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NASA's Parker Solar Probe breaks two all-time space records

Scott Sutherland
Meteorologist/Science Writer

Tuesday, October 30, 2018, 4:02 PM - NASA's Parker Solar Probe hasn't even completed its first historic swing around the Sun, but just this week it broke two space records that have held for over 42 years!

Back in early 1976, the United States and Germany launched a joint mission, named Helios 2, to study the Sun. By April of that year, the spacecraft had set new records for closest distance to the Sun, and speed travelling around the Sun.

On October 29, 2018, over 42 years later, NASA's new Parker Solar Probe just broke both of those long-standing records!

According to NASA, as of 1:04 p.m. EDT on the 29th, the probe is now closer than 42.73 million km (26.55 million miles) from the Sun.

As of 10:54 p.m. EDT on the 29th, it was travelling faster than 246,960 km/h (153,454 mph), relative to the Sun (heliocentric speed).

"It's been just 78 days since Parker Solar Probe launched, and we’ve now come closer to our star than any other spacecraft in history," Andy Driesman, Project Manager of the Parker Solar Probe mission, told NASA. "It's a proud moment for the team, though we remain focused on our first solar encounter, which begins on Oct. 31."

Parker Solar Probe, shown in this animation, became the closest-ever spacecraft to the Sun on Oct. 29, 2018, when it passed within 26.55 million miles of the Sun’s surface. Credit: NASA/JHUAPL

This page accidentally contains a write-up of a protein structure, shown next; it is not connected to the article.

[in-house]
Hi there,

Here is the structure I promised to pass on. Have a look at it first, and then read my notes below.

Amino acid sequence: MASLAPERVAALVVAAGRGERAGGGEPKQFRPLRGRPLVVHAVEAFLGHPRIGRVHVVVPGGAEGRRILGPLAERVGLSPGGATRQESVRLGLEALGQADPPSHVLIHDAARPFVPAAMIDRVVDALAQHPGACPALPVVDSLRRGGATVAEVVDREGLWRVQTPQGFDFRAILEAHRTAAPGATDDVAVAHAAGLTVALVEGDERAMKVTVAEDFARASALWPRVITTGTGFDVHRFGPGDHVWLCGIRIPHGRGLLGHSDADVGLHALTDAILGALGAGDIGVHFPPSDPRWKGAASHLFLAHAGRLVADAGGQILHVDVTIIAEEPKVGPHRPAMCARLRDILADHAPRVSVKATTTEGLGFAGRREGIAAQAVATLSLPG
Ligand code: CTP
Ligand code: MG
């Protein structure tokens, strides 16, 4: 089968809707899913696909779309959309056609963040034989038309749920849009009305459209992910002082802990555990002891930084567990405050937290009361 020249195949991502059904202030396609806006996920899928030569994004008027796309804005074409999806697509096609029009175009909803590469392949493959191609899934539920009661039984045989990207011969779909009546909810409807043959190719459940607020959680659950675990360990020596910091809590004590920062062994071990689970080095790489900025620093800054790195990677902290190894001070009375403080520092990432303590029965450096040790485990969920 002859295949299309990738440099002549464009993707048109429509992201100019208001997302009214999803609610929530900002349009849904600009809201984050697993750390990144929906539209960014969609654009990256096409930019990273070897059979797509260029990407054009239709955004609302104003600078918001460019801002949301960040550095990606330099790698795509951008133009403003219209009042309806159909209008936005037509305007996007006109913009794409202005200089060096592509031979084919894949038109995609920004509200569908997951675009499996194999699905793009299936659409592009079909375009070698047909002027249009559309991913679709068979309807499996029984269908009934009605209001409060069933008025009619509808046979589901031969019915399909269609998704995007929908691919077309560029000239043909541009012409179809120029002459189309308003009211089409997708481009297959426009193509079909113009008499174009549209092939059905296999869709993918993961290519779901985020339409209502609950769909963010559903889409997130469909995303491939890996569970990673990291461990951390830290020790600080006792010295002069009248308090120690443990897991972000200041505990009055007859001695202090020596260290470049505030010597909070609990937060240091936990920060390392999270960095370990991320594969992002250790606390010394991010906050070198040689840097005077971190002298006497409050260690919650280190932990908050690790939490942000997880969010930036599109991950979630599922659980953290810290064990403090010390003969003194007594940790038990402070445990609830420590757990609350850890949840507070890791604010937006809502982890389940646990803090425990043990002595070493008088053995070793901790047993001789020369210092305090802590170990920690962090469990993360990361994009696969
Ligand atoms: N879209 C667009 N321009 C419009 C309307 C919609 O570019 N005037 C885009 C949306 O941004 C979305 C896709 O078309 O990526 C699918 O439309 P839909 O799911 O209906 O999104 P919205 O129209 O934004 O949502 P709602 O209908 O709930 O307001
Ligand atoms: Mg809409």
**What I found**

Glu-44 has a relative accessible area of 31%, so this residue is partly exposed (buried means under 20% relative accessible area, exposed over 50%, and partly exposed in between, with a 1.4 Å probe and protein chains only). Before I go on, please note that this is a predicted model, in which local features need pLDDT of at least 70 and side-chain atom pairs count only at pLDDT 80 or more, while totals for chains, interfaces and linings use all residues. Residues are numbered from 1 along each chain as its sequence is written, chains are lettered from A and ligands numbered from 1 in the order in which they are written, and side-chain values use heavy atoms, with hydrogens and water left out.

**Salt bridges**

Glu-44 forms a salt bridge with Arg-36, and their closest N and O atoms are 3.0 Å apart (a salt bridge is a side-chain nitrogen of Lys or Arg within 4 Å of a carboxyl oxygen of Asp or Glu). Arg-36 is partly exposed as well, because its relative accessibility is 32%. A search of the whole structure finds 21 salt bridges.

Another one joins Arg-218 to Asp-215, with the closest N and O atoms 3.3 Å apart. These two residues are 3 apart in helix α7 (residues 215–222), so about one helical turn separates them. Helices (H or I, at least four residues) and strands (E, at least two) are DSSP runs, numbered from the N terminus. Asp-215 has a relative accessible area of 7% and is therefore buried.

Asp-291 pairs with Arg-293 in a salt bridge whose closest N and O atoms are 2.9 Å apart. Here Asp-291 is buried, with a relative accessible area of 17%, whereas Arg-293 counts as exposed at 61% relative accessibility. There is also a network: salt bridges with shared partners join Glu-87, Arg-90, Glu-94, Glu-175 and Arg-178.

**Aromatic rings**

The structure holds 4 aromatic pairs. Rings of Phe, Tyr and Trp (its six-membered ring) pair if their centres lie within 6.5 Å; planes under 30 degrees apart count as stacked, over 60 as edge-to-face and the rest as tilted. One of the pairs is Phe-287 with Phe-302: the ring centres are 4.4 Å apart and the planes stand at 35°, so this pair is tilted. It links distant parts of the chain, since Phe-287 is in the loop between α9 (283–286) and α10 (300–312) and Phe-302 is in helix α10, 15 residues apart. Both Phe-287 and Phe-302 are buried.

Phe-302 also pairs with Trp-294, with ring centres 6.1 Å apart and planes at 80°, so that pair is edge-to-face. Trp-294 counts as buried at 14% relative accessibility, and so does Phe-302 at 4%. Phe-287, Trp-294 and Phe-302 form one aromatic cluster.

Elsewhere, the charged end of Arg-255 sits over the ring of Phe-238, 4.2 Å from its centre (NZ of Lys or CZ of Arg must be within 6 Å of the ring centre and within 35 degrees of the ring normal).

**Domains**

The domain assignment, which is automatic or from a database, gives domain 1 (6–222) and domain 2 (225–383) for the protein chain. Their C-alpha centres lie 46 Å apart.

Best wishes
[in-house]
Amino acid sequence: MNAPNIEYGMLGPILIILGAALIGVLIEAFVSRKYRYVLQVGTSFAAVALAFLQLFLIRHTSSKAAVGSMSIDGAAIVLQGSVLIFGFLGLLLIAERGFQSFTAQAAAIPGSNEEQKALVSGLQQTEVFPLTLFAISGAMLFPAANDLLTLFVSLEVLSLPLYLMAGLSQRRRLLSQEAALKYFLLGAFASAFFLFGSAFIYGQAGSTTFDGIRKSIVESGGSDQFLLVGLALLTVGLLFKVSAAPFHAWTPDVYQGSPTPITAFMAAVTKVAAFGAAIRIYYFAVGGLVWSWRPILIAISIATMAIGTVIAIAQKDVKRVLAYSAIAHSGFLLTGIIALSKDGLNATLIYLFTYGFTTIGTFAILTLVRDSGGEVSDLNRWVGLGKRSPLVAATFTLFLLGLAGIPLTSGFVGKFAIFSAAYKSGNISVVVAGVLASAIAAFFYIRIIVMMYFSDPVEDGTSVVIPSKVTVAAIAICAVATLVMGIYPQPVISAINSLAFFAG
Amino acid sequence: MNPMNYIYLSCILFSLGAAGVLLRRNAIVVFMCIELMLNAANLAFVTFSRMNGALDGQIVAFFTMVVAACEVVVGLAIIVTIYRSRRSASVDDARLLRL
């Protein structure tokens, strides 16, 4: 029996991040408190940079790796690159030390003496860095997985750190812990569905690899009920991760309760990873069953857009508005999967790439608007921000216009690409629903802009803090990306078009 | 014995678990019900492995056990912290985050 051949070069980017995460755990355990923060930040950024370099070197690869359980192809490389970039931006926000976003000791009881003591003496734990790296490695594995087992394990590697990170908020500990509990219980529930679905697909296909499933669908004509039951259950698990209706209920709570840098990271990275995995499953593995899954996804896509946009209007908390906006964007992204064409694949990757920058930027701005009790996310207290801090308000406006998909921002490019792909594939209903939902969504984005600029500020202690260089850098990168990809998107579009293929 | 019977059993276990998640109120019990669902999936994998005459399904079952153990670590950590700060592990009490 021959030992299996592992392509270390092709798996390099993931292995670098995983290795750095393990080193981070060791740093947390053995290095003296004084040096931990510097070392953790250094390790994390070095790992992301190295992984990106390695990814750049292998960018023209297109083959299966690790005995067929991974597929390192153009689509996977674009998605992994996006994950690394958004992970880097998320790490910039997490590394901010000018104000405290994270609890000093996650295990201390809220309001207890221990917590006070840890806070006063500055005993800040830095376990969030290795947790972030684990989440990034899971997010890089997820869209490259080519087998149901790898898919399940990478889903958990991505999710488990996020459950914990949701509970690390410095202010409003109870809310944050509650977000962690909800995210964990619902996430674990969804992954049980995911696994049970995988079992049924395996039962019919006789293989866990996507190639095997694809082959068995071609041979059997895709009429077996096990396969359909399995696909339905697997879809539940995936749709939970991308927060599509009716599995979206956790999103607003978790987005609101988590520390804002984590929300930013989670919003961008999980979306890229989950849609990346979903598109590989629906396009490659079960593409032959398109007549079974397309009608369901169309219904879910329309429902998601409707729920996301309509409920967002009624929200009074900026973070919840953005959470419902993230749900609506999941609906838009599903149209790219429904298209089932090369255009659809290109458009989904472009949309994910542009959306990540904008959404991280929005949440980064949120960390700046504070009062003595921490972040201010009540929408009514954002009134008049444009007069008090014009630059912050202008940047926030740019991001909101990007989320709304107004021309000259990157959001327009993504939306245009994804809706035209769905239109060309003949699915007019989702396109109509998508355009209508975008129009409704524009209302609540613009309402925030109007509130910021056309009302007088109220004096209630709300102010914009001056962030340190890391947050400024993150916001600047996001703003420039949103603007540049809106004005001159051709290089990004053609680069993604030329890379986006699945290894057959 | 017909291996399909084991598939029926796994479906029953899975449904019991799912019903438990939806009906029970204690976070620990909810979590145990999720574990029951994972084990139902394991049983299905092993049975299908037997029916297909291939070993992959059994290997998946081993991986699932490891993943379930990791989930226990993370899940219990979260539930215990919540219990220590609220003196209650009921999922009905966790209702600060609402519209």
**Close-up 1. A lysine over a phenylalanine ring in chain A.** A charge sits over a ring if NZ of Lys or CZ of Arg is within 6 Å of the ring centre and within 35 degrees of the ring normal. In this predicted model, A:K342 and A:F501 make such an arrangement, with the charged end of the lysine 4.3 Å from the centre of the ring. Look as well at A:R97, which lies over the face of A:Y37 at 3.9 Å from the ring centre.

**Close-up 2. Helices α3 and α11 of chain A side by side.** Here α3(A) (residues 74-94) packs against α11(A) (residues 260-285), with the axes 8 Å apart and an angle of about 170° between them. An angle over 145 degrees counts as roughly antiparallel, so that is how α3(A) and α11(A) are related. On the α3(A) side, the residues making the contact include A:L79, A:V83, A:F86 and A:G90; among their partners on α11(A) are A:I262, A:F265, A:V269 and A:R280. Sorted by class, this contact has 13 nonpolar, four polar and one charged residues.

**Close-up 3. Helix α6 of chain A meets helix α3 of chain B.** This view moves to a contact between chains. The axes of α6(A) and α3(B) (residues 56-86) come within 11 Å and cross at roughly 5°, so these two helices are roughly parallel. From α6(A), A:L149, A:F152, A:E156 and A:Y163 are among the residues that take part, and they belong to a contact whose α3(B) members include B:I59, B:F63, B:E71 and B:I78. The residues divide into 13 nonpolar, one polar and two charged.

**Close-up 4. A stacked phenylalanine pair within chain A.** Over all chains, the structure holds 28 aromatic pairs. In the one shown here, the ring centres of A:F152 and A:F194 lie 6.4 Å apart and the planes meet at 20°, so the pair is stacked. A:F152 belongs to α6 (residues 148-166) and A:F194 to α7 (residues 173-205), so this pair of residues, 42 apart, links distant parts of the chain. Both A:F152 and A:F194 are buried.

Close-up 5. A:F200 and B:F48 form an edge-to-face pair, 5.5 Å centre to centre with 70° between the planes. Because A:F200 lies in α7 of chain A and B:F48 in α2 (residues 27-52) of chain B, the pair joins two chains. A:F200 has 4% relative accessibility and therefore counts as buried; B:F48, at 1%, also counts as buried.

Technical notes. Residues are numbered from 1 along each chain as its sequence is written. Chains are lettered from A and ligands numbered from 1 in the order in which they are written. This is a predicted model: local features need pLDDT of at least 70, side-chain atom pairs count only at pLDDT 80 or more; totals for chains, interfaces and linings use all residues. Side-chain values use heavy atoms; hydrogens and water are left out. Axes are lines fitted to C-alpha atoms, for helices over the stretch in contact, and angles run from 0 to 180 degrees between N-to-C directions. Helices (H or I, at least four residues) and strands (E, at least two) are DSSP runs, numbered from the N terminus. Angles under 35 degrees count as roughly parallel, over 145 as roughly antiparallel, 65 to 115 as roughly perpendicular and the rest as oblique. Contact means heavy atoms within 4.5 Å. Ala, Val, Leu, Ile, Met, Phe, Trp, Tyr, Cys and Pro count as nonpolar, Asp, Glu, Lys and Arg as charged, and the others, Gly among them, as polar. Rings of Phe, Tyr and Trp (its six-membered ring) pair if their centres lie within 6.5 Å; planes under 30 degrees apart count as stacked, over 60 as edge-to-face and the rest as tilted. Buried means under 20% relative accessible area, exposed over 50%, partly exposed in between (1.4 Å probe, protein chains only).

For comparison, Earth's average heliocentric speed is 107,200 km/h, while the planet Mercury - the closest planet to the Sun, and thus the fastest-moving - travels at 170,500 km/h.


When the Parker Solar Probe makes its first pass around the Sun, on November 5, 2018, it will reach a closest distance (perihelion) of just 24.8 million km, and it will be travelling at a speed of 342,000 km/h.

At that speed, it will break all speed records, in all of the solar system, even surpassing NASA Juno's speed of 265,000 km/h, as it made its closest pass around Jupiter, in July of 2016.

From then, it will get closer and closer to the Sun, and travel faster and faster at each increment of the mission, until the year 2025, when it will reach just 6.9 million km from the Sun, at a speed of 691,200 km/h.

Watch below to see how the Parker Solar Probe will reach these new records

According to NASA:

Parker Solar Probe will begin its first solar encounter on Oct. 31, continuing to fly closer and closer to the Sun's surface until it reaches its first perihelion - the point closest to the Sun - at about 10:28 p.m. EST on Nov. 5. The spacecraft will face brutal heat and radiation conditions while providing humanity with unprecedentedly close-up observations of a star and helping us understand phenomena that have puzzled scientists for decades. These observations will add key knowledge to NASA’s efforts to understand the Sun, where changing conditions can propagate out into the solar system, affecting Earth and other worlds.

Watch out for more updates on this, in the week to come!


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